Analytics company CoreLogic Inc. has reported that delinquency and foreclosure rates in the greater New York City area rose at the end of 2011, bucking a national trend toward reductions in both categories.
In December 2011, foreclosure inventories hit 4.6 percent, a 0.6 percent increase from the previous year, while delinquency rates hit 7.9 percent in the state of New York, CoreLogic said in its February foreclosure report.
The news is even worse in the areas surrounding New York City. While Manhattan itself appears to be largely immune to the trend, surrounding boroughs and suburbs are in worse shape, according to a CoreLogic map published by The Real Deal.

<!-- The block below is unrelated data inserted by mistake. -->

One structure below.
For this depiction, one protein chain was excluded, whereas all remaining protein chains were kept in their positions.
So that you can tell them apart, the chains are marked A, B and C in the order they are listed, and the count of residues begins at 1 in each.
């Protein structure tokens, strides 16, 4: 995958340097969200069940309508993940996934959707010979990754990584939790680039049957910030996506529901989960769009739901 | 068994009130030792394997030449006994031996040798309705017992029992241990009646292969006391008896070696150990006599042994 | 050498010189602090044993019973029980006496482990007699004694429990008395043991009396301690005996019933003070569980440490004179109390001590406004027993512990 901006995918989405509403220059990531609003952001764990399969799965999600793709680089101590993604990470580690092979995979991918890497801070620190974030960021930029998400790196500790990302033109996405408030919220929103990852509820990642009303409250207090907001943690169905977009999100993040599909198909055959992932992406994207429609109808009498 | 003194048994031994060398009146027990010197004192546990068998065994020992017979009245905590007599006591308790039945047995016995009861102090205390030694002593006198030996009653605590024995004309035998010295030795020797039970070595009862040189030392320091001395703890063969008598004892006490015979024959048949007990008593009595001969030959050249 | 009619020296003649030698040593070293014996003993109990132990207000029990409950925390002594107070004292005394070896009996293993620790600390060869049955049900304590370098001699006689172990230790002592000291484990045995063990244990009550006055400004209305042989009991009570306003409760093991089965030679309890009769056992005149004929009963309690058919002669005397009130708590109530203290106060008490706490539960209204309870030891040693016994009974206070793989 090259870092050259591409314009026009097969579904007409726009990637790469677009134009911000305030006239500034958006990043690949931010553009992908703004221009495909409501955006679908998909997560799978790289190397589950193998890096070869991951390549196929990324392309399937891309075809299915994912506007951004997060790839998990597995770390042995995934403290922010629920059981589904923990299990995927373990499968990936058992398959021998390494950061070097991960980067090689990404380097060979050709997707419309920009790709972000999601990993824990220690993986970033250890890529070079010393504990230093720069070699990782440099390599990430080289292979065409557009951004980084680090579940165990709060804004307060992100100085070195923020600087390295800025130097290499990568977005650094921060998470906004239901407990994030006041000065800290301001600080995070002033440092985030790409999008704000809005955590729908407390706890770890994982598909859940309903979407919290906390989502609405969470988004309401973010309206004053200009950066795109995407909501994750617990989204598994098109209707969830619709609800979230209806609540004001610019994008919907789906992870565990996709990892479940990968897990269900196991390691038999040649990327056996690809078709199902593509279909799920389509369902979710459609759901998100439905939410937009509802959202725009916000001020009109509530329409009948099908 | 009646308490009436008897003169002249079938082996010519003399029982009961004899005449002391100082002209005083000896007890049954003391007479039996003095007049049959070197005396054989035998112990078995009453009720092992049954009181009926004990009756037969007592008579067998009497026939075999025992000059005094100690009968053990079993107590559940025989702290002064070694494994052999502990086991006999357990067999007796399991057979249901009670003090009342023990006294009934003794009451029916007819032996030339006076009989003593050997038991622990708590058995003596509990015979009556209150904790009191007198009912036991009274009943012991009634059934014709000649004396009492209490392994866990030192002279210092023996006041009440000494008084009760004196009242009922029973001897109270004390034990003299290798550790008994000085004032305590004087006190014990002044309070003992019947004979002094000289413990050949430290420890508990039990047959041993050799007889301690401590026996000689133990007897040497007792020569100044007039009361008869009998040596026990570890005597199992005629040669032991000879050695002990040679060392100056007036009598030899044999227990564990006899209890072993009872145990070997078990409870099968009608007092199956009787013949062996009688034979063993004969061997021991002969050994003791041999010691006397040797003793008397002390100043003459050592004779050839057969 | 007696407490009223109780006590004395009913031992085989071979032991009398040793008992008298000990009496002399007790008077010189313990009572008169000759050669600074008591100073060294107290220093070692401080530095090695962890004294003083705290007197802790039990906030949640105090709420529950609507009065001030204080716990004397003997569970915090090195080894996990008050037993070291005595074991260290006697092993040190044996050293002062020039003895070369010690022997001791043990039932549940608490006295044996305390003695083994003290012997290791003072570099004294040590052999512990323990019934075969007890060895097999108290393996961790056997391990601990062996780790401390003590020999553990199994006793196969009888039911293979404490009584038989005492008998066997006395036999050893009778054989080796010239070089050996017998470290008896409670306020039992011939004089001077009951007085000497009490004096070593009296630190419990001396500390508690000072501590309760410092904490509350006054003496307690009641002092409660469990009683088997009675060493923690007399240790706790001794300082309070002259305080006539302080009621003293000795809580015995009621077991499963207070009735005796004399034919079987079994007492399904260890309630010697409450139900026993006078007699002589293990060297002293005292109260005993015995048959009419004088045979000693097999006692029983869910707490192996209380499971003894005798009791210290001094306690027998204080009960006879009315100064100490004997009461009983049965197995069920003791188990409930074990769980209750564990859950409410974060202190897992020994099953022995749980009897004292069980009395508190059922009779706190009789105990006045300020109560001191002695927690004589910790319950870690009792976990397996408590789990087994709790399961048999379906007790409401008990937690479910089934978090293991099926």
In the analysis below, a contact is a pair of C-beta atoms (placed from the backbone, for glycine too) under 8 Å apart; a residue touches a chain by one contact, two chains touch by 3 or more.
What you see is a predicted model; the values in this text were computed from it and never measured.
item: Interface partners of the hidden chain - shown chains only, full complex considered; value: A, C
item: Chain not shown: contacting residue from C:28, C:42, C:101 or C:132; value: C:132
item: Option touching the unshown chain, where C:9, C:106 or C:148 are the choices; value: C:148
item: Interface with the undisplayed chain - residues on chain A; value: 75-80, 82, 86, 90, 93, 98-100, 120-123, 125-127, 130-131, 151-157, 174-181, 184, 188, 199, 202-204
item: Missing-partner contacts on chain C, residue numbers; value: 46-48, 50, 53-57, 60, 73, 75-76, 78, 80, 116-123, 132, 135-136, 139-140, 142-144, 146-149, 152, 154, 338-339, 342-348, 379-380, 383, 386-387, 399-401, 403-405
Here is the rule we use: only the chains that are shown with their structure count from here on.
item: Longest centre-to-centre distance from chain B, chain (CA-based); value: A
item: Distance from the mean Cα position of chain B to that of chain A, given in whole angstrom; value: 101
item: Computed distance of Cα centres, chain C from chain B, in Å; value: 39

Beneficiaries of this news could include prospective home buyers and investors looking to pick up distressed properties, as the combination of low mortgage rates and rising foreclosure inventories should keep prices low for the immediate future.
Why the increase? Some reports have suggested that, as property values slowly climb out of the basement, mortgage providers have more financial incentive to initiate foreclosure proceedings. What do you think is behind the trend-defying rise in NYC-area delinquencies and foreclosures?